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Saturday, January 2, 2010


Marilynne Robinson has a seemingly outrageous thesis in an essay ironically entitled "Facing Reality." The title is ironic because Robinson is identifying our modern conception of "reality" as one of the most popular fictions currently on the market. Another way to say it would be that this new reality is our new mythology, bequeathed to us by our modern predecessors. She has in mind men like Freud, Marx and Darwin. Her thesis: "I suggest that, for us, the sense of sickness has replaced the sense of sin, to which it has always allied, and that while we are acutely aware of the difficulties surrounding notions of good and evil, we ignore, though they are manifest, the equally great difficulties surrounding notions of sickness and health, especially as these judgments are applied to behavior."

Quite a lot is packed into this little quotation. On the one hand, we seem to have an innate sense of something that is deeply conflicted, both in ourselves and in the world we inhabit. Some have termed this fear that precedes fear, anxiety. It's a "weasel-word" nowadays that's become the stand-in for any behavioral anomaly or non-physical malady affecting the mind. But what is it? Why are our cabinets filled with Valium? Most importantly, why have we projected this deep-seated dread onto the world? Robinson contends that this tendency manifests itself whenever we attempt to strip all of the outward appearances of things in order to view the depravity we knew was there all along, why we feel compelled to focus all of our critical insight on history's "dirty laundry" and nothing else.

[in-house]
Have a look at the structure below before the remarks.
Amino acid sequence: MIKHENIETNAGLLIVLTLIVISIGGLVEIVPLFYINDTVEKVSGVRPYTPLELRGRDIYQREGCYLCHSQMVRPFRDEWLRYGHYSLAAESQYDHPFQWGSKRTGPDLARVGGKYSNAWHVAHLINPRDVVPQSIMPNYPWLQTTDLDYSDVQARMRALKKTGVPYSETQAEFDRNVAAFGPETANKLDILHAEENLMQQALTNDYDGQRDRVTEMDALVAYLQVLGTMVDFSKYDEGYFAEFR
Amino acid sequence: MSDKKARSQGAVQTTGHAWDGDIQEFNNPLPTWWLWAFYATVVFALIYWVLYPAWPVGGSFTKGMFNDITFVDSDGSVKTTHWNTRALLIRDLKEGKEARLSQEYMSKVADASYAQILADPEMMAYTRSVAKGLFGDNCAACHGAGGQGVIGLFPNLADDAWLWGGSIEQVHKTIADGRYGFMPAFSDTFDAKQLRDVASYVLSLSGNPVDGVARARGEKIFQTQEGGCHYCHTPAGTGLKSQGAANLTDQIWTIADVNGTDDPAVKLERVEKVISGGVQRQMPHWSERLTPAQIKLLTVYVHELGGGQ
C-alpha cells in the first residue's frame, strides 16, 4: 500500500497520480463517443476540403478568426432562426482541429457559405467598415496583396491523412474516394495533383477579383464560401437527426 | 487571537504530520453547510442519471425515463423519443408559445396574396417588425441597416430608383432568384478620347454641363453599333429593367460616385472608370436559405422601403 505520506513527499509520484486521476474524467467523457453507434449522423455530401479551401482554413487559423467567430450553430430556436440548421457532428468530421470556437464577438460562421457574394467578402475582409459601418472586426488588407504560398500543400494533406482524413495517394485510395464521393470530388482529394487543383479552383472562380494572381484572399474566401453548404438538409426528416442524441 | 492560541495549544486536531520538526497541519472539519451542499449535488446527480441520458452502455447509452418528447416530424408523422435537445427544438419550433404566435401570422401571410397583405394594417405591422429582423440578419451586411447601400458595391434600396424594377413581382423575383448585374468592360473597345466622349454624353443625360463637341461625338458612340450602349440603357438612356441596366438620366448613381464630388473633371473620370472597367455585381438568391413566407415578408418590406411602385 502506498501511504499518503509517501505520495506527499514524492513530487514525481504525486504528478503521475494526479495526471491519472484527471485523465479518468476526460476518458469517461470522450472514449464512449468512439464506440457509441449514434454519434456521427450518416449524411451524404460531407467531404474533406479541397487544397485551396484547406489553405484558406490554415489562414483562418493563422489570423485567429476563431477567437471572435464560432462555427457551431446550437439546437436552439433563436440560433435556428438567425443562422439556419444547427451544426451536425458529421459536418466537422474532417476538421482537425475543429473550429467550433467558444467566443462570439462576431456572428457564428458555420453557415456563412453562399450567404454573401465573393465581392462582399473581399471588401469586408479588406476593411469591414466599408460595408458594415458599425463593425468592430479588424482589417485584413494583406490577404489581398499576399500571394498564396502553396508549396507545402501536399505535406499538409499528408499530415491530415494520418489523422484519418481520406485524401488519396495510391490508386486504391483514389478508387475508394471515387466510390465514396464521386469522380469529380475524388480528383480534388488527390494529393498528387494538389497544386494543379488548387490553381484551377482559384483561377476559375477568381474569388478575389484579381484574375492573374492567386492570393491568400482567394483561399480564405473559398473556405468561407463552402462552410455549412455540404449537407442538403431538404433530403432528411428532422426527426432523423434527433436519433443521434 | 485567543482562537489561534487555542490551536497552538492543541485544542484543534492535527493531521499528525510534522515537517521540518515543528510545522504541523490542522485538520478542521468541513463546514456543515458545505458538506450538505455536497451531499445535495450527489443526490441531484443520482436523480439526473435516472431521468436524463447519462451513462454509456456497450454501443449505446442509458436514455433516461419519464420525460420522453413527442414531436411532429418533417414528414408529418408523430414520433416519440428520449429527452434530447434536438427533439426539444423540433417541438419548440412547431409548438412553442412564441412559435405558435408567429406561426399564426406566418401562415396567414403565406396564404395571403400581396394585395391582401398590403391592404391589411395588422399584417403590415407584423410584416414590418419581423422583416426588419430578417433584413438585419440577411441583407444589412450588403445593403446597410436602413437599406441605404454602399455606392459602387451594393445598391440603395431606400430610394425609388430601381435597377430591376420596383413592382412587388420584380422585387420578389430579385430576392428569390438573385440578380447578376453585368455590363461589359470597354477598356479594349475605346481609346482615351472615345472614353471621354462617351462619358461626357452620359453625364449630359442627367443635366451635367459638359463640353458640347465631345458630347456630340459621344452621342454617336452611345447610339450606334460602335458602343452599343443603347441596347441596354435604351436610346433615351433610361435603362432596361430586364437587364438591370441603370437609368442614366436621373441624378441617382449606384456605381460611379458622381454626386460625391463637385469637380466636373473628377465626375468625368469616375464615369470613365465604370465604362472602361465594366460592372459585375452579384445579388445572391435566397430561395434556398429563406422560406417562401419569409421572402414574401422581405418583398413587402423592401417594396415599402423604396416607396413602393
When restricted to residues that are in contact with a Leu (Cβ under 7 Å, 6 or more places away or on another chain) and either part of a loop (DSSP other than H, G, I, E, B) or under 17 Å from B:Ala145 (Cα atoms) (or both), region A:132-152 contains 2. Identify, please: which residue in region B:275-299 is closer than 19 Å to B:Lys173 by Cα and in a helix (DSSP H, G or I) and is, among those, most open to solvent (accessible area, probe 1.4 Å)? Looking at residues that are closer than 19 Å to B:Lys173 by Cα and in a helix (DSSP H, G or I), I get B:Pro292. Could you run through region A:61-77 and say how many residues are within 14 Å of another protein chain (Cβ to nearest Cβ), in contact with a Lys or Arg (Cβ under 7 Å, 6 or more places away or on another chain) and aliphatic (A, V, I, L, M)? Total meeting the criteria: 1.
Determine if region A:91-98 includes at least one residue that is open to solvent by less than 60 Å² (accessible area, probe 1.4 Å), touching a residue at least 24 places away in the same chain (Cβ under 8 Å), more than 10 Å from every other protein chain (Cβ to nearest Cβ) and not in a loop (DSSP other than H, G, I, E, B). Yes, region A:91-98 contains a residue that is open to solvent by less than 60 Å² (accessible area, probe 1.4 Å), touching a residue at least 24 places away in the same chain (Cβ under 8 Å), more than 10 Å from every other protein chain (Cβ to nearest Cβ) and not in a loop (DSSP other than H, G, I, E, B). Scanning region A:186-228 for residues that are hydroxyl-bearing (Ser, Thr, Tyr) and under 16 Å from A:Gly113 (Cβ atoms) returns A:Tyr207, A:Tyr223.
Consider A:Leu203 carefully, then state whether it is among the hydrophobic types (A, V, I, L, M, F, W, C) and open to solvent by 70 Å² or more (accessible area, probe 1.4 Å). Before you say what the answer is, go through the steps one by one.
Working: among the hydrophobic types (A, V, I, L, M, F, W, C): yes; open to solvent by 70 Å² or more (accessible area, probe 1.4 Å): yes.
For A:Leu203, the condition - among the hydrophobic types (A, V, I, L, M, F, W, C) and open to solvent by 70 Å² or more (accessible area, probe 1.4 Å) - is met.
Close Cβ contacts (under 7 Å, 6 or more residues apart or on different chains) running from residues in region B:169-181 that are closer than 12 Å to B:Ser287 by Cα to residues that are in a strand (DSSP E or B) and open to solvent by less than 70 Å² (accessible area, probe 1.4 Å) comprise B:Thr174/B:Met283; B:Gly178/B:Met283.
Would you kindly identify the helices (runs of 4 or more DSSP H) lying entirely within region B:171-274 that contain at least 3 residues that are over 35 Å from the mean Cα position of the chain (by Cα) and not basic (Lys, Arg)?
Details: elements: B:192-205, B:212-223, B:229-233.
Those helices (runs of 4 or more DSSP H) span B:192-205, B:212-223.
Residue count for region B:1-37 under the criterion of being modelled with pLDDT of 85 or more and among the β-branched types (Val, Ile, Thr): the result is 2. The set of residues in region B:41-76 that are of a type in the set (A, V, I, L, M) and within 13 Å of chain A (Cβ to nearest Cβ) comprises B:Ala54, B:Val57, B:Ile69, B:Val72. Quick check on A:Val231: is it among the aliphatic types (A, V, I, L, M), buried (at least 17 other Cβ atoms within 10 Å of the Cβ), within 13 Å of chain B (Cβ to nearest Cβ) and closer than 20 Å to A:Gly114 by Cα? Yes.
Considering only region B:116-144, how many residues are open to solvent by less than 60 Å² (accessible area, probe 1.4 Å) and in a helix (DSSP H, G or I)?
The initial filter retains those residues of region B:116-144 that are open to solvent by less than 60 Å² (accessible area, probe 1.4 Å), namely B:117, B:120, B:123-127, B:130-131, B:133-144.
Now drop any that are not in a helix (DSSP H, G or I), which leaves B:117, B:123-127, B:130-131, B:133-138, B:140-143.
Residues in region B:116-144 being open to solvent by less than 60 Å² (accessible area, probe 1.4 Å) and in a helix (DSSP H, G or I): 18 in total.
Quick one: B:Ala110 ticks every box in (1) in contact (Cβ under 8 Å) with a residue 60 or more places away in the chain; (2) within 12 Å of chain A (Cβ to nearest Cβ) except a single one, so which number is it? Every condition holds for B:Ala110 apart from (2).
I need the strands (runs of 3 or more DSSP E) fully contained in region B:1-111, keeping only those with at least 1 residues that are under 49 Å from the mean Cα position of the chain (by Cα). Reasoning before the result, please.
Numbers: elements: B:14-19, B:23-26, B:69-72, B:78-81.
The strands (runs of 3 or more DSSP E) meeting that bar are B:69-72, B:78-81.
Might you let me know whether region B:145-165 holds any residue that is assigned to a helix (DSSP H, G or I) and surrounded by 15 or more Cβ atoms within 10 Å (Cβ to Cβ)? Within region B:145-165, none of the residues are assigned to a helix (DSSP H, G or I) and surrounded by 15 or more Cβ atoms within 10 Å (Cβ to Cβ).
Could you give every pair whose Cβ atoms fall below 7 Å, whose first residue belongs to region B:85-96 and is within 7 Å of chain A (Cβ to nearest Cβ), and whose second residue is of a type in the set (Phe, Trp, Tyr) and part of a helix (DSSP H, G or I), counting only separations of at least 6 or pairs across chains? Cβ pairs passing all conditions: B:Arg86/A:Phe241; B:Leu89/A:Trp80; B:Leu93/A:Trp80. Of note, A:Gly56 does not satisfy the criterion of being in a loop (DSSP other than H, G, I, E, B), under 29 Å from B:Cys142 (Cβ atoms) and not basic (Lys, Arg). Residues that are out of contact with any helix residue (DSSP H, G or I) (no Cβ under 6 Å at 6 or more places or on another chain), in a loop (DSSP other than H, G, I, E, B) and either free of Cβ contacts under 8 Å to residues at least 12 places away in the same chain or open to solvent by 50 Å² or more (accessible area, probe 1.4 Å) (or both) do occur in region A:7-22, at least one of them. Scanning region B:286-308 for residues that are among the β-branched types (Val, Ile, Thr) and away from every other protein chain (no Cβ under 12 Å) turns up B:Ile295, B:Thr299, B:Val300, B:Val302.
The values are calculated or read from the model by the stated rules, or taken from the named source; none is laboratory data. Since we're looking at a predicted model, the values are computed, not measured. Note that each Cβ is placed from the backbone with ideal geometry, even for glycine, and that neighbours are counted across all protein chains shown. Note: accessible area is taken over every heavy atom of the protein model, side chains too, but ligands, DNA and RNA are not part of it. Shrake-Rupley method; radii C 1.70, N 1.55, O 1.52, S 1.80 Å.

I'm not immune to this epidemic, and in many ways, I see myself and much of what I've written and said in the past few years as symptomatic of it. Reading Robinson has been a sobering experience for me, and probably a much-needed corrective to much of the poison upon which I've become intellectually dependent. I can't close any better than she did in her essay, so I'll share it with you: "This being human--people have loved it through plague and famine and siege. And Dante, who knew the world about suffering, had a place in hell for people who were grave when they might have rejoiced."

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